December 7, 2002


Subject:  Letter of Comment to be Entered into the Official Record for Collaborative Workshop #4




Mr. Jake Lamb

Parsons Engineering

37 Franklin Street

Buffalo, New York 14202


Dear Mr. Lamb:


Please consider these comments a part of the official record for the subject workshop.  My comments delivered at the Grand Island public meeting held on November 14, 2002 are attached and shall also be made a part of the official record.  These comments are my personal views and do not represent the views of any group, organization, government body or government agency.


I have had an opportunity to carefully study the alternative alignments for the Peace Bridge Expansion Project contained in the report entitled “Alternative Screening Process Technical Analysis Report” (TAR) dated November 20, 2002.  In addition, I have kept up to date with the activities of the various special interest groups most of whom are probably represented here today.


It is clear that this alternative screening process has degenerated into a turf battle between special interest groups.  We have the Olmstead Park Association instructing the public to support a Tonawanda bridge crossing, so that they can preserve Front Park.  What they are asking everyone to do here today is to vote for the South of Grand Island alternatives thus putting into motion a chain of events that could lead to the commission of one of the most heinous environmental atrocities ever experienced in this region.  To make matters even worse they have enlisted the aid of two political opportunists Robin Schimminger and Sam Hoyt who are all to eager to leverage the bridge benefits out of the City of Buffalo into the Town of Tonawanda.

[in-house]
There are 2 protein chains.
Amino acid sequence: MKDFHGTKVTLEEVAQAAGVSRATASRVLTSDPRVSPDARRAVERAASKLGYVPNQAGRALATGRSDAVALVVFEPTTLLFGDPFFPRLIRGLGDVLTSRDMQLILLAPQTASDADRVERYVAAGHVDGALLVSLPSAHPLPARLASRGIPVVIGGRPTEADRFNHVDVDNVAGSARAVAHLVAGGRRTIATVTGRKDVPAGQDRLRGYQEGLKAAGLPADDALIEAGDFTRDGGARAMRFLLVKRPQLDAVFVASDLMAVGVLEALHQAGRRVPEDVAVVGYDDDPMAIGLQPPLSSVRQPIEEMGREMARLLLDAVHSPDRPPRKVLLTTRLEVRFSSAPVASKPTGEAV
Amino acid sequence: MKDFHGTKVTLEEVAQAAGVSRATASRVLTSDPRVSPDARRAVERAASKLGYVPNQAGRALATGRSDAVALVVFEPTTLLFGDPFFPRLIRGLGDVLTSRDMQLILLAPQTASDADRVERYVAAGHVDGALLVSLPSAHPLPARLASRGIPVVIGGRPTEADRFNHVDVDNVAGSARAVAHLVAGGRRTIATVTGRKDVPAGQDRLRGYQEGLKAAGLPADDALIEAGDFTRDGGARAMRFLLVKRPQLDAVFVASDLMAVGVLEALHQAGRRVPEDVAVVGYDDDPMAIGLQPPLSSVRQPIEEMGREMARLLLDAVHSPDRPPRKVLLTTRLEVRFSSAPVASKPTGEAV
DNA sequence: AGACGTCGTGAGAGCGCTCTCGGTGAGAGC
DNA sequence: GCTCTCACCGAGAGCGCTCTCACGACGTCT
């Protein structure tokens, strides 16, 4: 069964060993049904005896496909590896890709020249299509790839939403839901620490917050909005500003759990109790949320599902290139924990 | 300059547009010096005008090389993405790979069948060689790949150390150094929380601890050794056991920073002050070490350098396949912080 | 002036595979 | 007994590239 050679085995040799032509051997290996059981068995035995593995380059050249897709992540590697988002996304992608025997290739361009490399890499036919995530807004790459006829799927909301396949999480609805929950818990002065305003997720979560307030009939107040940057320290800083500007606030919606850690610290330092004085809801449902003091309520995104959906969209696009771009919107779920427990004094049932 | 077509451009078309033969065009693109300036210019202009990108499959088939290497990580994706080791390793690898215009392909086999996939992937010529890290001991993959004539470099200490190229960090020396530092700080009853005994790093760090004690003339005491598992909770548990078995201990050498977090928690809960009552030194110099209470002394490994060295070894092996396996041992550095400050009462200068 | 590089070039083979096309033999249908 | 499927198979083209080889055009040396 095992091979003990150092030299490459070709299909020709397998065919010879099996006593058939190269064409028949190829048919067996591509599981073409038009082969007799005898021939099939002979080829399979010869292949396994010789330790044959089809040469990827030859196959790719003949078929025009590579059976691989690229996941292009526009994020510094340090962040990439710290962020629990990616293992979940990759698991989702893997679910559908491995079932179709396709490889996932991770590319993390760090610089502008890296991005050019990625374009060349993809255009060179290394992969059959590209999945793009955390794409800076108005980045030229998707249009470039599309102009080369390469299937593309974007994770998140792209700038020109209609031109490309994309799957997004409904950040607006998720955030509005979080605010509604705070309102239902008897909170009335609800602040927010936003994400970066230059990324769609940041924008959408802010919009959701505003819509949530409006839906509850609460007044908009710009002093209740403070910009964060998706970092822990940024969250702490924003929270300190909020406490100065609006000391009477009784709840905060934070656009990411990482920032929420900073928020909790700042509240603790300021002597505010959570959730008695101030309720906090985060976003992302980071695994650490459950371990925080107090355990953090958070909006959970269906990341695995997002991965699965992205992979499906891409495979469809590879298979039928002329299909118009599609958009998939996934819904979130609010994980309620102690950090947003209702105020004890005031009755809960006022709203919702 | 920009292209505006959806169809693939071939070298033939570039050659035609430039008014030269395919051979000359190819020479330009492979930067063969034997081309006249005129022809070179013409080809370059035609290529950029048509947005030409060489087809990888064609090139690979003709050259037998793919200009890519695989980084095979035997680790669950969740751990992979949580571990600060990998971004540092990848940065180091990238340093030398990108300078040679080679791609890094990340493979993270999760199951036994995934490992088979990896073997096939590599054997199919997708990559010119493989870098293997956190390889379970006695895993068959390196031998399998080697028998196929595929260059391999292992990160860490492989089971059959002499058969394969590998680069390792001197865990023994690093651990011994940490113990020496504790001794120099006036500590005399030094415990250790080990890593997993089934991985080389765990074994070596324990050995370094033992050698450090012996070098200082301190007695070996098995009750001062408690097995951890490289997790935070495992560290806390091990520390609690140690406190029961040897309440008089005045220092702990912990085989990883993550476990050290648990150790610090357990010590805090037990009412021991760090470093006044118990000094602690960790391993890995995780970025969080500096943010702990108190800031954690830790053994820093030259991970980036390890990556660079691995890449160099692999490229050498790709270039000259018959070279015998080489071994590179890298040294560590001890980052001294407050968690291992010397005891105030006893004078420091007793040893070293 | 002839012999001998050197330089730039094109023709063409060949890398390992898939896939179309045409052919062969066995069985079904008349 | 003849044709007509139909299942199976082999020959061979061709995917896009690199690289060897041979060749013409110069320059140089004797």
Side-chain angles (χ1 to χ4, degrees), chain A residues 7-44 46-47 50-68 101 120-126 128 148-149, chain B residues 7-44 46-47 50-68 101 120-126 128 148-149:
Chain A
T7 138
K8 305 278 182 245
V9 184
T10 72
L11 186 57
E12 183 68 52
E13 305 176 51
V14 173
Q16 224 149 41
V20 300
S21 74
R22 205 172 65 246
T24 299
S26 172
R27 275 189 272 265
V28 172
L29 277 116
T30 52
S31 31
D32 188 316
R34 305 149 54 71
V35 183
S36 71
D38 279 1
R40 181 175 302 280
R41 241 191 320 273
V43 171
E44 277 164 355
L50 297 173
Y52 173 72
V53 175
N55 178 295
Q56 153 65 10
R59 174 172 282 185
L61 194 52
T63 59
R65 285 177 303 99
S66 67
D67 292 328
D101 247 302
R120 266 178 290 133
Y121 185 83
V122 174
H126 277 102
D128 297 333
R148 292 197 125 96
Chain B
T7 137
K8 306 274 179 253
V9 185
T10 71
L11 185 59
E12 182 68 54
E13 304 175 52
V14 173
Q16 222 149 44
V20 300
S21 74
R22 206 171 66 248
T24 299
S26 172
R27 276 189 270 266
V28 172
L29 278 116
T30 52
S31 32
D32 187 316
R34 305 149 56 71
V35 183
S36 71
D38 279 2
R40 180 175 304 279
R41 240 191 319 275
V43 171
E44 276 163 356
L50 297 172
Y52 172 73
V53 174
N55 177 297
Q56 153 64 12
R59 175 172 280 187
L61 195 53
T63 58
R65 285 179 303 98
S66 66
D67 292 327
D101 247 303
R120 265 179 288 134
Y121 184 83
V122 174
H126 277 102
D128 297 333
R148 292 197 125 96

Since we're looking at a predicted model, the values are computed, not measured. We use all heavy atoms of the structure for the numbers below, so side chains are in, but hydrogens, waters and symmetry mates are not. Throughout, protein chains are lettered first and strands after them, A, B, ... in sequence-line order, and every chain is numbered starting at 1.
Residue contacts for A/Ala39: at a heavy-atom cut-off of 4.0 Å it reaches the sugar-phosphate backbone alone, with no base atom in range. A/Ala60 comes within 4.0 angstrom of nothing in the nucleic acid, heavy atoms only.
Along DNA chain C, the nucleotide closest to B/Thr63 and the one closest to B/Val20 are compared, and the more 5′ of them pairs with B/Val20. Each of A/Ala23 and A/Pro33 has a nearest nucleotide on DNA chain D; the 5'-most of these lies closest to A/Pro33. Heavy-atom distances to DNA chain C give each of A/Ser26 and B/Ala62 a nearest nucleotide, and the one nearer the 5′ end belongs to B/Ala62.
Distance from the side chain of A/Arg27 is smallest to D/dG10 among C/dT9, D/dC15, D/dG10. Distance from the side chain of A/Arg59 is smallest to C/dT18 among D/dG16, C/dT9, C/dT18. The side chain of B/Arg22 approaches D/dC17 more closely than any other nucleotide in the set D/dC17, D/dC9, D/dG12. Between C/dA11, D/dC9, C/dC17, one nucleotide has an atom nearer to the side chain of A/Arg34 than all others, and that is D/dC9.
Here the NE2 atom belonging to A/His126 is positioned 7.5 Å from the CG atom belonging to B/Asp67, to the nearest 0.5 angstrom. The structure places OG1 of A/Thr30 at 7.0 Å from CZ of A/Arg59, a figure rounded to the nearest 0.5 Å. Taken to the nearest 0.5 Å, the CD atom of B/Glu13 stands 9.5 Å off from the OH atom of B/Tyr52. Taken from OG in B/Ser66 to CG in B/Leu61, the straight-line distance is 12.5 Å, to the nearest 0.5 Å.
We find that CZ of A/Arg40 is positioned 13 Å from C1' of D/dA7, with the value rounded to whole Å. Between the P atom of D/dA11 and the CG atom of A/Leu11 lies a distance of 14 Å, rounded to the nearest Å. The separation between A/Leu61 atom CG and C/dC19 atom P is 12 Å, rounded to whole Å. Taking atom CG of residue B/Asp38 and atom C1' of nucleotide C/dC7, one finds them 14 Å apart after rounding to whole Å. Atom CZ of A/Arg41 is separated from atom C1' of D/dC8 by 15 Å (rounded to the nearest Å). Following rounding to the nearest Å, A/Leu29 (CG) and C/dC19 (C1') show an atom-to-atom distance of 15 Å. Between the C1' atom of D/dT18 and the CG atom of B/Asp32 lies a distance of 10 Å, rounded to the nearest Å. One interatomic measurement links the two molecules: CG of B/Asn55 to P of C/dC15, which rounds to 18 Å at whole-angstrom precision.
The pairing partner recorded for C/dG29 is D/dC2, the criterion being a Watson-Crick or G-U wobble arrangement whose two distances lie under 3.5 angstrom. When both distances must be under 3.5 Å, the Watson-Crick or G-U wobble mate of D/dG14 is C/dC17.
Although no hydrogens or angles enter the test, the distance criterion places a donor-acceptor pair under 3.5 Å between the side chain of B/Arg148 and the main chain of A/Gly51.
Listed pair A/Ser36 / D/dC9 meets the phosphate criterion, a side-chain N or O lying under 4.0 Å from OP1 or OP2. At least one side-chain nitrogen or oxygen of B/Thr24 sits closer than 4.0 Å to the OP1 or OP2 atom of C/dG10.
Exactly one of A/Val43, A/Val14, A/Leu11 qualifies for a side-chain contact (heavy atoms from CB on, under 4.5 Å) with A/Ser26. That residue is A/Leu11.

There is no doubt that every single alternative developed during this screening process will have some degree of impact on the environment and our quality of life.  The challenge should therefore be to find an alternative that has a neutral impact on both of these important attributes. The alternative screening process you have created has forced us to waste time and resources by pitting special interest groups and communities against one another.  What we should be doing is looking for an alternative that meets regional transportations needs and does not impose a needless burden on the environment or our quality of life.


The Buffalo and Fort Erie Bridge Authority needs to give serious consideration to the study of the International Railroad Crossing alternative (Alternative Group F).  This crossing coupled with the adjacent brownfield corridors represents the most viable option for an international crossing.  The existing railroad bridge built in 1870 is nearing the end of its service life and needs to be replaced.  Herein lies an opportunity to establish a modern intermodal gateway span that will efficiently shuttle rail and truck traffic between the United States and Canada.


The Buffalo and Fort Erie Bridge Authority and their agents have not embraced this alternative because of cost, its location outside the existing Peace Bridge corridor and the misguided belief that an impossibly complicated interchange would be needed to get traffic to and from the bridge via New York State Thruway Route 190.  These factors appear to have been used for no other purpose, but to downplay the significance of the International Railroad Crossing option. 


One alternative designated “IRR-6” with some modification represents the best plan for an international crossing.  As depicted on page 37 of the TAR this alternative would involve the replacement of the existing International Railroad Bridge and the construction of highway links between the QEW in Canada and Route 290 in Tonawanda. However, this alternative calls for the establishment of a plaza and transportation link to the serpentine Scajaquada Expressway (Route 198) a highway that is a woefully inadequate for truck transportation.  To make this alternative more efficient and practical the plaza and interchange proposed for Route 198 should be eliminated.  An interchange should be established where the secure access corridor extending from the foot of the new bridge intersects with the Youngman Highway (Route 290).  The required truck plaza could then be located at some strategic point within the vacant brownfield acreage adjacent to that corridor.  Under this modified plan no interchange would be needed at Route 190.